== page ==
Fears of a price war in the disk drive market cast a dark cloud over the whole sector after Seagate Technology Corp cut its forecast for the year after a huge shortfall in deliveries in the personal storage market over the December quarter.
The result was second-quarter figures way below expectations with net income up 3.5% at $205m on revenue 1.5% higher at $1.7bn. CEO Steve Luczo said it would not achieve its previous forecast of earnings of $1.55 to $1.60 for 2004.
Seagate’s shares fell 21.6% to $15.93 on the news. Gloom at the prospects of vendors slugging it out for orders prompted competitor Maxtor Corp’s stock to fall 15.1% to $10.45, while Western Digital Corp’s share price fell 14.3% to $11.11.
While Luczo said Seagate met expectations and held market share in the enterprise market and far exceeded its expectations in the notebook market, its financial performance was hit by unsatisfactory execution in its personal storage programs.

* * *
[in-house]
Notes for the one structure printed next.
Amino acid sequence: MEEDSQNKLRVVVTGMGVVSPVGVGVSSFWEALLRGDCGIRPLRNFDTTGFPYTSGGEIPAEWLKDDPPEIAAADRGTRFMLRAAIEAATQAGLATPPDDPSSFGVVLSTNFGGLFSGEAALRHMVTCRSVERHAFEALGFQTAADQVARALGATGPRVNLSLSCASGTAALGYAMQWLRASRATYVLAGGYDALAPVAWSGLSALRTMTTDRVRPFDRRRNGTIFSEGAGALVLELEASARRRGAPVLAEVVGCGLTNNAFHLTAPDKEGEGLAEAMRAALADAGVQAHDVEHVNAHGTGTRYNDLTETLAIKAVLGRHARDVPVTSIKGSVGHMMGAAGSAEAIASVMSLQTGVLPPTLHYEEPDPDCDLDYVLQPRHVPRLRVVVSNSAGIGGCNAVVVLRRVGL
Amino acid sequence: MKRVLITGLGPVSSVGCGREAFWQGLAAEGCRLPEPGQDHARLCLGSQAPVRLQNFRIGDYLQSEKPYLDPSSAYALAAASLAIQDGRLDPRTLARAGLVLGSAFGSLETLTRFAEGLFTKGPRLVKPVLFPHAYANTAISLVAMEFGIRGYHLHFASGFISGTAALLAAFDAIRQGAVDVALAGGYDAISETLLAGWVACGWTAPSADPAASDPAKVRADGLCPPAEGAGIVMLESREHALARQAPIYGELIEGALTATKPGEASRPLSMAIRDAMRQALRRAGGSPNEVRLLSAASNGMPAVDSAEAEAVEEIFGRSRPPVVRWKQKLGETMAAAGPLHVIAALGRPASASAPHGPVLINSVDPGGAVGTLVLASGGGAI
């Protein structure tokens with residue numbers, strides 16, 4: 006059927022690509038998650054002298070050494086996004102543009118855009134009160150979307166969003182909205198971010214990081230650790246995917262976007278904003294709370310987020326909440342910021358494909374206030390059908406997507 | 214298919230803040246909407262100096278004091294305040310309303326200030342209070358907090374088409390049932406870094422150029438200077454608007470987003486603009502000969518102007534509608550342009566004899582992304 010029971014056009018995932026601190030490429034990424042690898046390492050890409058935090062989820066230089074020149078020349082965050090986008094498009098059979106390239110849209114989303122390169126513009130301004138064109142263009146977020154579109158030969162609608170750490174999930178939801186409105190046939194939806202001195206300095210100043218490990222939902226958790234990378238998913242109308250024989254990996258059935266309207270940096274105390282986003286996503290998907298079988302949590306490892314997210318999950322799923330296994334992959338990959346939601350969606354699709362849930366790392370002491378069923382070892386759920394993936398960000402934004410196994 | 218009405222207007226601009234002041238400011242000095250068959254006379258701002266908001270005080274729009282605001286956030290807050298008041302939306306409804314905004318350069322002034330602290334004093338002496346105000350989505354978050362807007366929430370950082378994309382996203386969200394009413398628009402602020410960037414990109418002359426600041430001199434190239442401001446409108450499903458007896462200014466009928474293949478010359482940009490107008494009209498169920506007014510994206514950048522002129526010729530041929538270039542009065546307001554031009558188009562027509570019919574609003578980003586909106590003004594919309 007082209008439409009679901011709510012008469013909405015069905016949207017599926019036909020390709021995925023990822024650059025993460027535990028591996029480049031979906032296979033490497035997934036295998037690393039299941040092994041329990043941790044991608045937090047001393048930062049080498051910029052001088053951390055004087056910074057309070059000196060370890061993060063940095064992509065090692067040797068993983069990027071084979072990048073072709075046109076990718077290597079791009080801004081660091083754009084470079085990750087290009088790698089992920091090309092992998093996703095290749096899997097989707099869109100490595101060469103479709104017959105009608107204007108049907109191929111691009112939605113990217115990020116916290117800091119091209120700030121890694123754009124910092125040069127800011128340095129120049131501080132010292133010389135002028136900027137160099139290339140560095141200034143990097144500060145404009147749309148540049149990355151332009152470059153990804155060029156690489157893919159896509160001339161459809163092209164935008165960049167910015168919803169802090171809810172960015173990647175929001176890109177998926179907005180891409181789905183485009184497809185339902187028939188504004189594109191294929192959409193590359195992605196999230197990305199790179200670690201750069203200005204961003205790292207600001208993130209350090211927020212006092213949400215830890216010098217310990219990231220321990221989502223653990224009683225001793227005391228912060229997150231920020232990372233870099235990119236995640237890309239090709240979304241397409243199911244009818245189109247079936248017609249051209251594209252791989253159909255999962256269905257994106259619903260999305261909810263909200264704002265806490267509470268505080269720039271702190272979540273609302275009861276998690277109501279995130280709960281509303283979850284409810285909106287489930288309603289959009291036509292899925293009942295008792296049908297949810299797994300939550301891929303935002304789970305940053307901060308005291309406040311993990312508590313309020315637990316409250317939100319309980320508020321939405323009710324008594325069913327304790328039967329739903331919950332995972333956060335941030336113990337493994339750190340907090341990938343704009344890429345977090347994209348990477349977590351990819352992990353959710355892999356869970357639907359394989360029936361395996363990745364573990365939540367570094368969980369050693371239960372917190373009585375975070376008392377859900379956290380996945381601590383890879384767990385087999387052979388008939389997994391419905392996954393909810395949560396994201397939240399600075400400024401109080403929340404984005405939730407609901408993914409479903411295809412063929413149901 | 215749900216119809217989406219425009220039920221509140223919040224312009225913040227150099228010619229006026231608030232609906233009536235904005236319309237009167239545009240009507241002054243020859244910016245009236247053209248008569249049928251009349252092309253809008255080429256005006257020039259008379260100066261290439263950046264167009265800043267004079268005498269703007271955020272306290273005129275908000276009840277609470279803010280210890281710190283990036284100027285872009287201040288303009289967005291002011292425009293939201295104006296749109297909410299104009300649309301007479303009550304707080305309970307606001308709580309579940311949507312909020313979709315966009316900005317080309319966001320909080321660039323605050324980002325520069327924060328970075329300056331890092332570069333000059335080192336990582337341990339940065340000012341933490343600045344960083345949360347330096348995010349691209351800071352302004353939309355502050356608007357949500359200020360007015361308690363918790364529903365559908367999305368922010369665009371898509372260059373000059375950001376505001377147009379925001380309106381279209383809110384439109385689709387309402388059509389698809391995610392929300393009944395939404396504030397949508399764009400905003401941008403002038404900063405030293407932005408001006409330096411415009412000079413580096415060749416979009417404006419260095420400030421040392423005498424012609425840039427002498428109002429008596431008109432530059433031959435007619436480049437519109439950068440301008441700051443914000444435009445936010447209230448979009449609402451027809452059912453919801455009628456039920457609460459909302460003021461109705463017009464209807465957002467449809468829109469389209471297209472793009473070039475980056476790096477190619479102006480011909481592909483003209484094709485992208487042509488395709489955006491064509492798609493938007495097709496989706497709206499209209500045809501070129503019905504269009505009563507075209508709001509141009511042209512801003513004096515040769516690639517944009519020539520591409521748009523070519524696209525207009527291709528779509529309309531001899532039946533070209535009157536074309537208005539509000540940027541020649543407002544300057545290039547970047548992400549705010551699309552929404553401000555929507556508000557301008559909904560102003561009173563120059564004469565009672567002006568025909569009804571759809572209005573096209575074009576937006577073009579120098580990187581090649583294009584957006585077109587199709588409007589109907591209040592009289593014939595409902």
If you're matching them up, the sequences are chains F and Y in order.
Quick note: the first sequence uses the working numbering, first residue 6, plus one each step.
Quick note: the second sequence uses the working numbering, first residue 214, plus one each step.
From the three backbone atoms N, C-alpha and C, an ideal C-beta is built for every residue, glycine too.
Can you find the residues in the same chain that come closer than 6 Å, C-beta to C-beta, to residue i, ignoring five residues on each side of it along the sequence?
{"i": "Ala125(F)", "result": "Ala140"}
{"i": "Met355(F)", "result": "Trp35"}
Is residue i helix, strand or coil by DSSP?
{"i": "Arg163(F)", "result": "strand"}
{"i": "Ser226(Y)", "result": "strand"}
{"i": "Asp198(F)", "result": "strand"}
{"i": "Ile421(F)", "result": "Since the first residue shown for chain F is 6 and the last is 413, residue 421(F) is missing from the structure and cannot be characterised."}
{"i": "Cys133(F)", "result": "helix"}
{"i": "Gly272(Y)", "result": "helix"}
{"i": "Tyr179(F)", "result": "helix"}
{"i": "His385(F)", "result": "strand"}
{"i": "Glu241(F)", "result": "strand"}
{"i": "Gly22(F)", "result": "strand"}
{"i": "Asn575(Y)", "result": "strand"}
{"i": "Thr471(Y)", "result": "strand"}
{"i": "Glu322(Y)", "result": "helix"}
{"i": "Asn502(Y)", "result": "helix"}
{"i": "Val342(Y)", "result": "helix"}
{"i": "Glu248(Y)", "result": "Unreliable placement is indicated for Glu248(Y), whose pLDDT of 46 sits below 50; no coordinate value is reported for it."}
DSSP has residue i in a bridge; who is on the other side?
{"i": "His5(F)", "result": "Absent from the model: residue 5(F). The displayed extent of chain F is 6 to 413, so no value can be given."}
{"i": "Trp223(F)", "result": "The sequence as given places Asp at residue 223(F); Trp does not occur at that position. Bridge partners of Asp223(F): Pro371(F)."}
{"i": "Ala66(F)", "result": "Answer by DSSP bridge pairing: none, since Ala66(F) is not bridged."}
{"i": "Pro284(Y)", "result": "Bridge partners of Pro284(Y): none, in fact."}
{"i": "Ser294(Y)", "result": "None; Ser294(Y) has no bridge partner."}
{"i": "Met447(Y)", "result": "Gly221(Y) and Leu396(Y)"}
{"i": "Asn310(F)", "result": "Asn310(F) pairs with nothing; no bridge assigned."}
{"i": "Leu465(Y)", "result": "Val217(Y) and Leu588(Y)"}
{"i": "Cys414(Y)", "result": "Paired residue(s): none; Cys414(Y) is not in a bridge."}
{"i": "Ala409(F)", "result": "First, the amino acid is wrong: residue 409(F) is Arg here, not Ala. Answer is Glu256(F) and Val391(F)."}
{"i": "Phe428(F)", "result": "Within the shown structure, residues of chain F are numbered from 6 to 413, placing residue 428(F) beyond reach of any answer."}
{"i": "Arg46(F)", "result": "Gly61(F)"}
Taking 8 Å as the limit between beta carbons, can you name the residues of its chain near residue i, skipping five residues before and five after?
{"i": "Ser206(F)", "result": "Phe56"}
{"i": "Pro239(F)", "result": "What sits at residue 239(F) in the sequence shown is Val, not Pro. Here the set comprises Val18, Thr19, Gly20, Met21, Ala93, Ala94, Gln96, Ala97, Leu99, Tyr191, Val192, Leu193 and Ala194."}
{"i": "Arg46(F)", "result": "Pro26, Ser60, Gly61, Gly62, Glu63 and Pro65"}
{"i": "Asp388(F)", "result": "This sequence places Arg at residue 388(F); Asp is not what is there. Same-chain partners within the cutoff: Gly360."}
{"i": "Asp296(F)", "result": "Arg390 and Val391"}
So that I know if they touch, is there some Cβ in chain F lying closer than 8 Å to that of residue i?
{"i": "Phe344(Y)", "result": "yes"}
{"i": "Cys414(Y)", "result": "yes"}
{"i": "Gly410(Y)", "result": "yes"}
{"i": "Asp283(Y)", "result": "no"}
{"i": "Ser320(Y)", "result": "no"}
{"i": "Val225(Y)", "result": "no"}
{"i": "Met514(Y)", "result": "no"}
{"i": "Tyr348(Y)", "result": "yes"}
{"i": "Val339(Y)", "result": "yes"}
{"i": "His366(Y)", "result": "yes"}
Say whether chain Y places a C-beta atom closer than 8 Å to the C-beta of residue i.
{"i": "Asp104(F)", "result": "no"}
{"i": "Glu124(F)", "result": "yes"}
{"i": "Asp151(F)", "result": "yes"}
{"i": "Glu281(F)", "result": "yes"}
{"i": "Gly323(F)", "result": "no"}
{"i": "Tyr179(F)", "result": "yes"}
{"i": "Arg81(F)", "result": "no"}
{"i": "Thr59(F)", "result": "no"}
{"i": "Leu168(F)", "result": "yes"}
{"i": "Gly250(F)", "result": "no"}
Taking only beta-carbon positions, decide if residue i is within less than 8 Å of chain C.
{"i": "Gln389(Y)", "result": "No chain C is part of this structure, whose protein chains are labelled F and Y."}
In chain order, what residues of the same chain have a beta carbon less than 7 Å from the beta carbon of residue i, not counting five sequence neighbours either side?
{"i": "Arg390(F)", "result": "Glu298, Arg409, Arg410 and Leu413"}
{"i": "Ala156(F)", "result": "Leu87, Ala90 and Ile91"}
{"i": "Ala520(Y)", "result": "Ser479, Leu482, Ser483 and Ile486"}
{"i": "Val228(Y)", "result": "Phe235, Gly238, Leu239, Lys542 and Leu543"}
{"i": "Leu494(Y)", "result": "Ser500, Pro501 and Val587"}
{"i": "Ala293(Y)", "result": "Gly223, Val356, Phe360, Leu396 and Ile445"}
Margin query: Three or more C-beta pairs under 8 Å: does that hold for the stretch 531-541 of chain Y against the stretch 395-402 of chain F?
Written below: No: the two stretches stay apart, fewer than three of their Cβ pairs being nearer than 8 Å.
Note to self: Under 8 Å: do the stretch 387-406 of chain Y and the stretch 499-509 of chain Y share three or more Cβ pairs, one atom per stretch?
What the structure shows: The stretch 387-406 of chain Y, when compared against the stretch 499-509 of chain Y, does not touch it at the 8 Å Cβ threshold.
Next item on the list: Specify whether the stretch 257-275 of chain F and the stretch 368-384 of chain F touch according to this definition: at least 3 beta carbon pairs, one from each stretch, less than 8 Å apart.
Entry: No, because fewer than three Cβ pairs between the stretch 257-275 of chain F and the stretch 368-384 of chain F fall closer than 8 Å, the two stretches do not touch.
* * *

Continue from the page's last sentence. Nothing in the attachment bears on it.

Shipments were 1.4 million below expectations, primarily among its OEM customer base, after its decision not to sell certain products at unacceptable market prices and execution issues. Seagate blamed its competitors for expecting growth of 8% to 10% while it believes that total market growth was only 3%. This has led to higher channel inventories, which Seagate calculates to be in excess of six weeks.
Seagate forecasts that the total market for personal storage products in the third quarter will be 47 to 48 million, representing annual growth of 11% to 13%. With few, if any, new product launches expected over the next two quarters, Seagate expects its share of the market to remain stable in the 32% to 34% range.
This article is based on material originally published by ComputerWire